The first big week of earnings season is finished, on a shortened week, and the market is still standing tall. The S&P 500 just finished the week above 1500 -- a significant milestone, as it hadn't closed above that level since 2007. The Dow, meanwhile, is within a stone's throw of a new all-time high.
Yet the skeptics abound. I understand how difficult it is to climb on board a market that has broken out, as our tendencies are to "buy low, sell high." When it comes to trading, the worst feeling is buying when everyone else is selling. But an even worse feeling is missing a great run by failing to recognize that it is OK to buy. These signals don't show often, but they tend to be very clear -- if you are looking them.
A couple weeks ago, I discussed a concept called embedded stochastics that is repeatedly cited by famed technician Ira Epstein. This indicator points to conditions that could be favorable either for bulls or for bears, showing when it's time to sell the rips or buy the dips. Obviously the current condition favors the latter. Folks have hated a great deal about this January rally -- though doesn't the crowd hate all of these as they completely miss them?
Of course, we should look at some facts before we pass judgment, and I am not overly bullish or "giddy" about the market. I have been selling many things of late, and have added cautiously, only when I see that the chart or technicals fitting the right profile.
In the meantime, volume has expanded this month as many have tried to jump on board. Shorts have been forced to cover their positions, as well, as evidenced by the decline in the recent record-high short interest. Price action has trumped news, and we never saw a fiscal-cliff-triggered market collapse. Earnings have been rather decent so far, and even a disappointment from Apple (AAPL) could not derail the market. This is a strong indication of a less correlated market.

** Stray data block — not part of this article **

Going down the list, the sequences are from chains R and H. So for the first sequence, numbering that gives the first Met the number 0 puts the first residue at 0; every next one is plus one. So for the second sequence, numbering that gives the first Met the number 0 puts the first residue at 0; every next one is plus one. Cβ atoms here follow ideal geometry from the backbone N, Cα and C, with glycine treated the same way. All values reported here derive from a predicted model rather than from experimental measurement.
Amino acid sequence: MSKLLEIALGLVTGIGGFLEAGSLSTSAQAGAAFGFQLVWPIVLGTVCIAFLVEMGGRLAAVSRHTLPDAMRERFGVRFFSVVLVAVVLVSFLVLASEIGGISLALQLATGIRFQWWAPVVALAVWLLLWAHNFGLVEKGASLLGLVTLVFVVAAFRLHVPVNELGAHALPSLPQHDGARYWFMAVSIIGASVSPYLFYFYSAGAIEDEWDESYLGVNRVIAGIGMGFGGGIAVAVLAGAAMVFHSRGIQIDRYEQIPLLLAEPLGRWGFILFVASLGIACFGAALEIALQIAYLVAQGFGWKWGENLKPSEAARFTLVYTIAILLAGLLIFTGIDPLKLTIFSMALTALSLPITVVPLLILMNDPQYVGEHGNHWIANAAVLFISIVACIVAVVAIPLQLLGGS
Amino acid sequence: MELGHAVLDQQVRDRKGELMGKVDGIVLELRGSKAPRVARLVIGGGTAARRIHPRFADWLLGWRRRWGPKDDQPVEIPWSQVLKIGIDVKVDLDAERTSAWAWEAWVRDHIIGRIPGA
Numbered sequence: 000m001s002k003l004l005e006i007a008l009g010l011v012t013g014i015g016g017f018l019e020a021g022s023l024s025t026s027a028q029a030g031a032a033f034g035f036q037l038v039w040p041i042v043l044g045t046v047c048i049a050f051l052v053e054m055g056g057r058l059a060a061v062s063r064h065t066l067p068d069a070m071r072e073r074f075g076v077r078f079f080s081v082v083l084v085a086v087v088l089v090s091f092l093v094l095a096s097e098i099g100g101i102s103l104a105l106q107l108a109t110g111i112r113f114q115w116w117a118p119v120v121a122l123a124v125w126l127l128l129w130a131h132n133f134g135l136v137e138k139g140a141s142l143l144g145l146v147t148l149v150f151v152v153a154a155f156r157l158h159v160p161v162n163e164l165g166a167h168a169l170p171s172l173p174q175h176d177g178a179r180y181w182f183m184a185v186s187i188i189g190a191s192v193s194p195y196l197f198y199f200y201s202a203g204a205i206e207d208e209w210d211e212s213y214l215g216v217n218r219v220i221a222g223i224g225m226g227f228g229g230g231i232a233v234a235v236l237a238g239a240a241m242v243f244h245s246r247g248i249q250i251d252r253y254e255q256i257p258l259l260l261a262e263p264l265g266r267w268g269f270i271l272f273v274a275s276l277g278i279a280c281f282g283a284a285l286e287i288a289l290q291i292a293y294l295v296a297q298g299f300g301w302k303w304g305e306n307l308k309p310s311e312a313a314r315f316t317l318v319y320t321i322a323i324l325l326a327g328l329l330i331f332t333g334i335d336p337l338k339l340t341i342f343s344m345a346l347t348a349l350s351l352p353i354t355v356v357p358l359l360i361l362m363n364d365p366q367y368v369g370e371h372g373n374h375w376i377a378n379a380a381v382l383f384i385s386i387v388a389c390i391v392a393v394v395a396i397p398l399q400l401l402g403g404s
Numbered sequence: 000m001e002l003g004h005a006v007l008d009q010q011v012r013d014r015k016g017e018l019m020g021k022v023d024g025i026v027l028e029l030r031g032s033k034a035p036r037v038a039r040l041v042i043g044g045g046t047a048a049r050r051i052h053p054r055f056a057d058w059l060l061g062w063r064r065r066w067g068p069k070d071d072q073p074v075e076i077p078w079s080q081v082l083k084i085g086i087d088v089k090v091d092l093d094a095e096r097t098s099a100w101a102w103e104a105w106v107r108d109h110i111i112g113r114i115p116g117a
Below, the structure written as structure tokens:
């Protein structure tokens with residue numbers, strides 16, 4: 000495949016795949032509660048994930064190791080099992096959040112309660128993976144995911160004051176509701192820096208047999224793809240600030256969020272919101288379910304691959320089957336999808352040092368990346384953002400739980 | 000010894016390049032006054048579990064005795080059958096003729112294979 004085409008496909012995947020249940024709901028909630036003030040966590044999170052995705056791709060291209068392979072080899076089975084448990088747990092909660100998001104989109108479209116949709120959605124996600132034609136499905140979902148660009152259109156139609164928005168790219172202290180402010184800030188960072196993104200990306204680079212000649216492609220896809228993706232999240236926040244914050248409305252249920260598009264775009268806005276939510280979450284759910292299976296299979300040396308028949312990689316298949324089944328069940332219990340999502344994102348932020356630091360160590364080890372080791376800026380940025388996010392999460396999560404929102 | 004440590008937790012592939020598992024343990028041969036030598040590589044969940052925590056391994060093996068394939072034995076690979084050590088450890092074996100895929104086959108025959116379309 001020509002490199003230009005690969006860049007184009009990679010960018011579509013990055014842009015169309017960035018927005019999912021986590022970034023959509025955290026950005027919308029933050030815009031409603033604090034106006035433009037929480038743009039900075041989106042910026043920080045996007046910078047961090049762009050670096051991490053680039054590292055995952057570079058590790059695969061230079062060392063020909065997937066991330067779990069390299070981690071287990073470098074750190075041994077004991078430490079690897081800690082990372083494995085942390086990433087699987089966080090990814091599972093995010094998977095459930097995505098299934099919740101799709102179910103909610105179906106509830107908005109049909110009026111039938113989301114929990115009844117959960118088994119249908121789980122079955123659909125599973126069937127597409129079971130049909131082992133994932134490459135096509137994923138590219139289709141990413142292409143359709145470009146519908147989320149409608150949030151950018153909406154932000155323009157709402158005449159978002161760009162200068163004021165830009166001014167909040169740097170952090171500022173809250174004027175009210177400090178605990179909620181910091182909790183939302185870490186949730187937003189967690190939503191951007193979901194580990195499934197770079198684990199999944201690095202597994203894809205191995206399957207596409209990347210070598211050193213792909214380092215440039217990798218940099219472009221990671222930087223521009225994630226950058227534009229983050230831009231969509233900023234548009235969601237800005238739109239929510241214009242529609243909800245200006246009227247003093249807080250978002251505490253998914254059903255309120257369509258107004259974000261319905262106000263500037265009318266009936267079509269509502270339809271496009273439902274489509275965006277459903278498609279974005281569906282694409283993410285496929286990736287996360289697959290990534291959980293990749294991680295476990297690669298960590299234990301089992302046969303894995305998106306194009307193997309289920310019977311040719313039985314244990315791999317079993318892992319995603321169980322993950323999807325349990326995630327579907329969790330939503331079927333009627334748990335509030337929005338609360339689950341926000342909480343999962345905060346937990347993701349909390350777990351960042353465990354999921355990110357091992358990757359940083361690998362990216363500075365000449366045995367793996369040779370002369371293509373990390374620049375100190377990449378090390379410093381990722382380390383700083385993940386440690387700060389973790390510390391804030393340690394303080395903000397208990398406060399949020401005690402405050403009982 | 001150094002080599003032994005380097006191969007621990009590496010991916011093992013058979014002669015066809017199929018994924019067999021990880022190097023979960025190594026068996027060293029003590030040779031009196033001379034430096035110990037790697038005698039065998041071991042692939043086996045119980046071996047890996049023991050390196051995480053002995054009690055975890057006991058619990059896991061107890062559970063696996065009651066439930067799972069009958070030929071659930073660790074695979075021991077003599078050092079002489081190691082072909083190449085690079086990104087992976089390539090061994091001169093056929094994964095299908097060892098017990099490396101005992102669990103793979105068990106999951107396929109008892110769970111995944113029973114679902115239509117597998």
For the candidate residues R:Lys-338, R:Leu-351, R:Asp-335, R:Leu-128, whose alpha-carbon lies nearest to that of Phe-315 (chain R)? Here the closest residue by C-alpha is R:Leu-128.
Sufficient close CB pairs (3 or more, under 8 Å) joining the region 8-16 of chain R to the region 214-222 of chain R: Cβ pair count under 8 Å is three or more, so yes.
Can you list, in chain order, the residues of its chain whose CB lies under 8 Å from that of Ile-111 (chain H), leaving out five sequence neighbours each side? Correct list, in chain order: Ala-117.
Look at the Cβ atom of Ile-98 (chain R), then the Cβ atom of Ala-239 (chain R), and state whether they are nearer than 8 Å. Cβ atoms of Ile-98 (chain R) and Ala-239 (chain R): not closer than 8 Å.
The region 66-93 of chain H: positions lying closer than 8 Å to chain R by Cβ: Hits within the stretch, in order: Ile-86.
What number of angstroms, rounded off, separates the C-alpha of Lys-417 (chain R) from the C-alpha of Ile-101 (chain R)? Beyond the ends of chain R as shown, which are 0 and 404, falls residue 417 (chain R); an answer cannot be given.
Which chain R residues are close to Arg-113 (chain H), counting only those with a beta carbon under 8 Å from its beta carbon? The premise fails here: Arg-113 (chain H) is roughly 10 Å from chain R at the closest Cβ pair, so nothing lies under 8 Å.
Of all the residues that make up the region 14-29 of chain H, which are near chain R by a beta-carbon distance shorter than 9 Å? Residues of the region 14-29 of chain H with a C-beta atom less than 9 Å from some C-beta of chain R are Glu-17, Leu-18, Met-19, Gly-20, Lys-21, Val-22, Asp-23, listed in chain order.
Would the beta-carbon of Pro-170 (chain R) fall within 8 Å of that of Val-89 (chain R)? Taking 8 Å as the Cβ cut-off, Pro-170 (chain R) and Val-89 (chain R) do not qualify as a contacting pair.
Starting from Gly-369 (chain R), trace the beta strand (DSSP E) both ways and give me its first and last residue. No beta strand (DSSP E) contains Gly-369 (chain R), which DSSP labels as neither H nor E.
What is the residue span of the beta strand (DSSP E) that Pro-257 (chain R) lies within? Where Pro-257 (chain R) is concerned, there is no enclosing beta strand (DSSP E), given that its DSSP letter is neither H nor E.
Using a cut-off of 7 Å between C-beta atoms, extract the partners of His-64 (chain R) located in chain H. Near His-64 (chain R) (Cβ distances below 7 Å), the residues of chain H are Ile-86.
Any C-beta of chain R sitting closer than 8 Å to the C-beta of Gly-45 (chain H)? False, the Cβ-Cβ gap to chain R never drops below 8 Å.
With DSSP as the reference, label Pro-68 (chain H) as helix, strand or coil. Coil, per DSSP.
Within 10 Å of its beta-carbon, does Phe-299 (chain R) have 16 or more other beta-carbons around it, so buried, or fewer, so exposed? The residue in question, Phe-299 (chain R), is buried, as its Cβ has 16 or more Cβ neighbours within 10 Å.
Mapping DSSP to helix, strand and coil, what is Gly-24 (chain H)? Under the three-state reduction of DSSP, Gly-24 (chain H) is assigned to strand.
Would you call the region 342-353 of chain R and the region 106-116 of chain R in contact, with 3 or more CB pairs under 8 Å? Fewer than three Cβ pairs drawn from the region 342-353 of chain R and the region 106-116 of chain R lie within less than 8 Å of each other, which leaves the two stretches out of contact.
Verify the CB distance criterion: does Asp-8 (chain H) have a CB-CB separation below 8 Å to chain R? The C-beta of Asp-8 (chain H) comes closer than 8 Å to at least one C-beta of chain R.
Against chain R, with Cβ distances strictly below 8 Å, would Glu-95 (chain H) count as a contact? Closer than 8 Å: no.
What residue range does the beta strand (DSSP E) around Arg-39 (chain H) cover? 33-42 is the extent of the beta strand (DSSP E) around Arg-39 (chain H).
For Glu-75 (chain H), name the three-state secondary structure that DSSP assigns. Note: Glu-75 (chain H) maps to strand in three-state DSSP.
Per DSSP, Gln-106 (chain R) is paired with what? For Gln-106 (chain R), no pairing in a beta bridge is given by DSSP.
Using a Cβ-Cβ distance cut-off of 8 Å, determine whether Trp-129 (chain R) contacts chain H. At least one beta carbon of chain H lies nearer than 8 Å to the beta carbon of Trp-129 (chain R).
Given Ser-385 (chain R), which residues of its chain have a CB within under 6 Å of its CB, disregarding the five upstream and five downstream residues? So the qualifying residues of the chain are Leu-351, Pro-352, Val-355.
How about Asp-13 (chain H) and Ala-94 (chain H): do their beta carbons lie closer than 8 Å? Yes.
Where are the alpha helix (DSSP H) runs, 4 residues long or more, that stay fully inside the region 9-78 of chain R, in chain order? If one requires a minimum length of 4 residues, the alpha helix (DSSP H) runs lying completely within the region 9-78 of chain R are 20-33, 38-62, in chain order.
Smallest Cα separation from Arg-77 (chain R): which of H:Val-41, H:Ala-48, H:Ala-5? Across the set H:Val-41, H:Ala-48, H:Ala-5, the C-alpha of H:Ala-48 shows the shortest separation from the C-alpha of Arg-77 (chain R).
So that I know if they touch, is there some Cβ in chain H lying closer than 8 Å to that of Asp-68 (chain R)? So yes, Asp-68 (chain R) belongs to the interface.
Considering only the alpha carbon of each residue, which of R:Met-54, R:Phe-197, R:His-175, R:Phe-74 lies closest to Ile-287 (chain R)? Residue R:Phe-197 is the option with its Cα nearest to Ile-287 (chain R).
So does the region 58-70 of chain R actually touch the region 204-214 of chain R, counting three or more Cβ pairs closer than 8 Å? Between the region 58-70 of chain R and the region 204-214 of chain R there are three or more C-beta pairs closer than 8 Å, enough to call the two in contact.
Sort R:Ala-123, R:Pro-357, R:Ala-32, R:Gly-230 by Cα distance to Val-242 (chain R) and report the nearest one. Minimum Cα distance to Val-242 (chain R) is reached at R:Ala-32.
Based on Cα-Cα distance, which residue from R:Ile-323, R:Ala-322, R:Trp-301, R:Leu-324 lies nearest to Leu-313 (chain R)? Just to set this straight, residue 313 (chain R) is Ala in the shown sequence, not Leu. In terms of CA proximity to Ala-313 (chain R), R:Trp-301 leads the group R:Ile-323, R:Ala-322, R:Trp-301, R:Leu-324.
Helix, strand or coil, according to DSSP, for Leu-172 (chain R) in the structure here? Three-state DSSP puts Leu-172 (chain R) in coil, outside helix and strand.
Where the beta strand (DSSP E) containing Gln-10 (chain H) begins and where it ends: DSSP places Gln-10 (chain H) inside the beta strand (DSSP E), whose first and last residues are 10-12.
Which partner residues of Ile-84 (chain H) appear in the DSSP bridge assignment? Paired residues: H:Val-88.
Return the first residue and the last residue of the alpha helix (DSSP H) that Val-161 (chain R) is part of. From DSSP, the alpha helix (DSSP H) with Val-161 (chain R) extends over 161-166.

Sentiment continues to show complacency, as seen in the CBOE Volatility Index (VIX) and some surveys, and I know that'll change at some point. But the trend is your friend until it is not. Will I time it perfectly when the trend shifts? Maybe not, but it isn't my game to play tops or bottoms, unless I get lucky.
To a market technician focused on charts who's interpreting the condition of the markets, there have been no surprises. That's not to say it has been easy, but you'll be capable of cleaner decision-making if you keep focused on the market in front of you, rather than the noise of the media, pundits and opinions. The speed of moves can generally be an issue, but let us remember: Trading is not a game of striving to be perfect. It's doing the best you can in order to make yours and live to fight another day.